Many also argue, especially when it comes to Baltimore, that putting more money into a school system that isn’t producing results is a waste of time.

Certainly, schools need to change and accountability is important. But even the consultants hired by the Kirwan Commission have said that the city school system is owed 45% more in school funding than it is receiving.

We know that it takes more to educate students in need. That is why the original recommendation in 2002 was to increase school funding to Baltimore.

Segregation and Few Jobs

The reality is that the best way to get “results,” frequently measured by test scores increases, does not come solely from more school funding.

Inadequate as test scores are as a measure of student achievement, they do reflect family income.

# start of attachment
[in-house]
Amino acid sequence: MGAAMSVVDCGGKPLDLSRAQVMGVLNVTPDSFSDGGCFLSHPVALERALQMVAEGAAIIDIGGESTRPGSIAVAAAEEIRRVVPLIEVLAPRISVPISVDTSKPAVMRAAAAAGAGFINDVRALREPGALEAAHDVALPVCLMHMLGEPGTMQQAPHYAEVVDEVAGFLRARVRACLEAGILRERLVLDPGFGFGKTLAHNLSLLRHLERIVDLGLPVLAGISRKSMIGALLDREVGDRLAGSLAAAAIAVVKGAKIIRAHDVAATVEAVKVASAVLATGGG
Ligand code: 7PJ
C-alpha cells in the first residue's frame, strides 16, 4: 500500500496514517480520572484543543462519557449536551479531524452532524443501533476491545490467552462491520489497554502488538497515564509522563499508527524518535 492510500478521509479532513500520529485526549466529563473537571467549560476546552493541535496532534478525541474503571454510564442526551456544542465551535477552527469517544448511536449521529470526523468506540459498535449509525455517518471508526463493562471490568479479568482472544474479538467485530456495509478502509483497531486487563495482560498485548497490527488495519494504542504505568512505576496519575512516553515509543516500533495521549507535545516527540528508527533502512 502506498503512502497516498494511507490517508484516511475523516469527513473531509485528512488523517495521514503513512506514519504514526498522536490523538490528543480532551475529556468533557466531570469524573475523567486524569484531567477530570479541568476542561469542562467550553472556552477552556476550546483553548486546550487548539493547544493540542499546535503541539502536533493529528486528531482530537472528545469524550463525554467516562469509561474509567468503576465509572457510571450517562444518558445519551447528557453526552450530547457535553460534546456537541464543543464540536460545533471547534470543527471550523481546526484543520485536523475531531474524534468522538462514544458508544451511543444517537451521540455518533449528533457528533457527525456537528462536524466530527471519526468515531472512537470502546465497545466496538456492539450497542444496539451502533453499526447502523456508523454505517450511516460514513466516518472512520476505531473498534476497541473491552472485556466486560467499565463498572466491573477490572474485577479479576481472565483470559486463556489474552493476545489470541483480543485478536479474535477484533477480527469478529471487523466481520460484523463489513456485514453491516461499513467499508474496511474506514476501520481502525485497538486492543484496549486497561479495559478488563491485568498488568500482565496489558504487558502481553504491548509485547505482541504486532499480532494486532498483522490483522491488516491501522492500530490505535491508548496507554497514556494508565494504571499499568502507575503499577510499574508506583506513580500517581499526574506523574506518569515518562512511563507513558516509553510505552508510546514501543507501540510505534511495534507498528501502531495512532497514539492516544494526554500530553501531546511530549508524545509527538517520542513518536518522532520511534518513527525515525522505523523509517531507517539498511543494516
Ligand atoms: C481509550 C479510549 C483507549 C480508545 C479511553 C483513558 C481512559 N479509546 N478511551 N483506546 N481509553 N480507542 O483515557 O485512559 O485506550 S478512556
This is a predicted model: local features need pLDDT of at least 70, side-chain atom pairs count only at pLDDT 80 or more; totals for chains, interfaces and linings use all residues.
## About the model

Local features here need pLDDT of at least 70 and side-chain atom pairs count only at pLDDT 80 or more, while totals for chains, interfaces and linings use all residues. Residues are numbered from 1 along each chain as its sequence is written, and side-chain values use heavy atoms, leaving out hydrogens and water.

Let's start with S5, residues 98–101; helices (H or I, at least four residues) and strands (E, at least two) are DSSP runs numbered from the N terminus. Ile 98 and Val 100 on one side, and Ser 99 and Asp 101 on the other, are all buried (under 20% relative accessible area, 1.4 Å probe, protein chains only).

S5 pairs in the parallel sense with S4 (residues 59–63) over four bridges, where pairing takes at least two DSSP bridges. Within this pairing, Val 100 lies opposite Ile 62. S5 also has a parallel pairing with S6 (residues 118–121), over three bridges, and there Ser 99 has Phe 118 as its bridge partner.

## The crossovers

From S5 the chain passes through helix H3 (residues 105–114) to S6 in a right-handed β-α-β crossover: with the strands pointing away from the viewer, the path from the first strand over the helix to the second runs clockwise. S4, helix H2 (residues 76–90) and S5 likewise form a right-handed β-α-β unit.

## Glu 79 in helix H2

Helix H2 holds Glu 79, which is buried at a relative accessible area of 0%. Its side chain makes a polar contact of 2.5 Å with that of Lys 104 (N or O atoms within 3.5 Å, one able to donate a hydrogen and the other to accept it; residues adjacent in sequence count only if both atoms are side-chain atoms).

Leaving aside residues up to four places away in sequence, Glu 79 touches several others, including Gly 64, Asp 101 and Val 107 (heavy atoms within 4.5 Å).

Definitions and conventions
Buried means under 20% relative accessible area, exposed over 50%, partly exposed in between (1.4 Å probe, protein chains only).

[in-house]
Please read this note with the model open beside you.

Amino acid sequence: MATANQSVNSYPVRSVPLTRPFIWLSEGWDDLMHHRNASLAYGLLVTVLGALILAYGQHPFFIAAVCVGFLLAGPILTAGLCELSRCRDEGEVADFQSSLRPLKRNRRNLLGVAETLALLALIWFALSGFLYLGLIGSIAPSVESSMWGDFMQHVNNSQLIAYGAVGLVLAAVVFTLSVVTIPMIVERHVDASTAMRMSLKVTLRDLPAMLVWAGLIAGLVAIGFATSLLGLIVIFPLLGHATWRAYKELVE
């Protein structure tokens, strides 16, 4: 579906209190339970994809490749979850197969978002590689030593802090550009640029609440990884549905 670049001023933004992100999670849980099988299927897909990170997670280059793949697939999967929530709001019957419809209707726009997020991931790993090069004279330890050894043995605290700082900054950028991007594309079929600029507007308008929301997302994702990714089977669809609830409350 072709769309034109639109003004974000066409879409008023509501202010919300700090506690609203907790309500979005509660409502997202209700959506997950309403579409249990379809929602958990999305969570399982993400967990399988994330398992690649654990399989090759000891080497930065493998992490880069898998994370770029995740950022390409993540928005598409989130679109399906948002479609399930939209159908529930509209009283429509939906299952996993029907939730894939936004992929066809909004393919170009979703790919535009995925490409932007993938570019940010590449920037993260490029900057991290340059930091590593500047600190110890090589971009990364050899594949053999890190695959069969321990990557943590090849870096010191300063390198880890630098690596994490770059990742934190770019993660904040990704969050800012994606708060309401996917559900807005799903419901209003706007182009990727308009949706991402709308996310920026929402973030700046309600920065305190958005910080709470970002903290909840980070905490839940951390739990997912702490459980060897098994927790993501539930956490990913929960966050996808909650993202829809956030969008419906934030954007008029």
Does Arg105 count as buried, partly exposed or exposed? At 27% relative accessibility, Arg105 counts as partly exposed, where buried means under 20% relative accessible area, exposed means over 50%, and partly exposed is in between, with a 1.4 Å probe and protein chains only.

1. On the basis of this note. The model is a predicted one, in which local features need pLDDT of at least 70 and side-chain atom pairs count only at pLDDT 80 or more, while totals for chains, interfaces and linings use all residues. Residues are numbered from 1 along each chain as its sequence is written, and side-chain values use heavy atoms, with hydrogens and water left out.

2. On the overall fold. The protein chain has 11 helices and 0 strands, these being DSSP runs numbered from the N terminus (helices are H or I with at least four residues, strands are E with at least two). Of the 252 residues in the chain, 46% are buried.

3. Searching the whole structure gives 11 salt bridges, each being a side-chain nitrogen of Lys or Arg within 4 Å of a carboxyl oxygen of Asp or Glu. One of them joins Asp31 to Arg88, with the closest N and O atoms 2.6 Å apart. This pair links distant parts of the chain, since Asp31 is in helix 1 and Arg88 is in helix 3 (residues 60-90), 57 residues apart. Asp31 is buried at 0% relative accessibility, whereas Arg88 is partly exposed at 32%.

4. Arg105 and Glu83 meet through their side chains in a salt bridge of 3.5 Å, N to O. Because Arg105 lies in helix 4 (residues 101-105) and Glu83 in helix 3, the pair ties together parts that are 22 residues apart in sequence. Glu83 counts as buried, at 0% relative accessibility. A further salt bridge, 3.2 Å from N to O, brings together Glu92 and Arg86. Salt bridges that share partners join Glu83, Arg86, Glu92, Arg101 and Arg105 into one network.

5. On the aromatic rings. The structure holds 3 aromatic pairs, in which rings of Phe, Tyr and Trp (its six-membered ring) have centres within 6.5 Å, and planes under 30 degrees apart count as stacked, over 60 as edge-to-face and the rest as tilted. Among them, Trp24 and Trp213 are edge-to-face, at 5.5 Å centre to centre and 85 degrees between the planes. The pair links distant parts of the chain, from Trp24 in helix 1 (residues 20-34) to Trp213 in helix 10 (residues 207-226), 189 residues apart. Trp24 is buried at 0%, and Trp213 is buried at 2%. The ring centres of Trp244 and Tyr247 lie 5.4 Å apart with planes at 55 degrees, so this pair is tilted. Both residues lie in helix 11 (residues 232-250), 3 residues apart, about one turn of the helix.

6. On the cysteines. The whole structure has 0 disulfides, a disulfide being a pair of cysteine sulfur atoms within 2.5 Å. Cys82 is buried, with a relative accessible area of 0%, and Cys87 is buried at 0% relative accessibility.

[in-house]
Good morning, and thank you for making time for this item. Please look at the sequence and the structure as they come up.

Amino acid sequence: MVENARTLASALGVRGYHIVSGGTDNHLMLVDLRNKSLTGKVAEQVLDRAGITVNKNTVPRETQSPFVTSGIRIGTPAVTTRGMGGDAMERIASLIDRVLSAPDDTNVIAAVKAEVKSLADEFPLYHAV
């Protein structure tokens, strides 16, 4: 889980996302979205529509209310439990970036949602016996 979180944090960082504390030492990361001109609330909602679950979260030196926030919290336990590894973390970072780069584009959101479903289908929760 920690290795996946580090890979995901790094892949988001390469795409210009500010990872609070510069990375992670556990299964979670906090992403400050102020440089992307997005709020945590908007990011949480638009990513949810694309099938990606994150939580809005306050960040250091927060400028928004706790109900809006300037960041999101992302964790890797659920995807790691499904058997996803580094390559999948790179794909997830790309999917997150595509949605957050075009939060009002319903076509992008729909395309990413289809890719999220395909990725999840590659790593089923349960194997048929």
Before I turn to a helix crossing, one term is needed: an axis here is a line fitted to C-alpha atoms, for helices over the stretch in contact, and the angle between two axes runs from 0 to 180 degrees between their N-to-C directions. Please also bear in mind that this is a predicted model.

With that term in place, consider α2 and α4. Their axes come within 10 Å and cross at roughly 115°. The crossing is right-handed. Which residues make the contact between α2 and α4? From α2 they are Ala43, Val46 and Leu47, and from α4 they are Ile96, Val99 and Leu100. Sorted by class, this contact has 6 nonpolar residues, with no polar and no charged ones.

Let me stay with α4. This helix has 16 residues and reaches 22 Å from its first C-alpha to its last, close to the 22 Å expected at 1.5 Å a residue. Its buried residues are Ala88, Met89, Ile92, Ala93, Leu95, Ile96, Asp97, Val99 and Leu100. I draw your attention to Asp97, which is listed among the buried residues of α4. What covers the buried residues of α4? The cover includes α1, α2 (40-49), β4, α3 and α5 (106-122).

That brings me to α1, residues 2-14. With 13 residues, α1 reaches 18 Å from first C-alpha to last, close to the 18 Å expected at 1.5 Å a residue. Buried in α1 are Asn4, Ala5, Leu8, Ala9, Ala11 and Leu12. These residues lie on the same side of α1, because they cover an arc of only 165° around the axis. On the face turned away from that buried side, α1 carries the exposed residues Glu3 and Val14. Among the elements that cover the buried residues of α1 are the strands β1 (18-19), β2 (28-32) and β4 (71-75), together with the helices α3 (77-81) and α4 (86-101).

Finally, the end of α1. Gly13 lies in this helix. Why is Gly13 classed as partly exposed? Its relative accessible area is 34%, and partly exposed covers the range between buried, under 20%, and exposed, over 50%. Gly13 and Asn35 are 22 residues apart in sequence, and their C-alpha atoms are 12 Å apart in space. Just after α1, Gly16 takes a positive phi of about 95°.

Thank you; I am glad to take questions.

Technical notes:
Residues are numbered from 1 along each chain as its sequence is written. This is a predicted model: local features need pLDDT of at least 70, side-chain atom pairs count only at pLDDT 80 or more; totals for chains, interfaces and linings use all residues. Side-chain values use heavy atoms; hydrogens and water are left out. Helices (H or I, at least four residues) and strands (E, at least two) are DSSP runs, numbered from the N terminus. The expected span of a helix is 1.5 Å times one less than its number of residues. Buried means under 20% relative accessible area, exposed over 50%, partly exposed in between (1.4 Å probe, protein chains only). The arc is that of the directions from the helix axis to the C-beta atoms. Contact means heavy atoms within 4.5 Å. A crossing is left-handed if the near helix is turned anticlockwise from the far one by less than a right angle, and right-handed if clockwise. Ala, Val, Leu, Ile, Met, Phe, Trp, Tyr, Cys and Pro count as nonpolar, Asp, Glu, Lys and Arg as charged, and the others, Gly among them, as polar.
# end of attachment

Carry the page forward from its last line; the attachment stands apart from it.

So we if want to improve scores, the best course of action would be to provide better paying jobs so that low-income families can accumulate wealth, live in stable housing, provide enrichment for their children, and have regular access to medical care.

Changing the structural conditions that segregated Baltimore faces is the real answer to improving education.

Until we seriously address the inequalities that have enshrined racism in the city and elsewhere across the state, the issues of poor test scores, inadequate schools and, yes, juvenile crime will continue to fester.
Jessica T. Shiller, an associate professor at Towson University, is the author of “The New Reality for Suburban Schools.” She has researched and written extensively about urban school reform.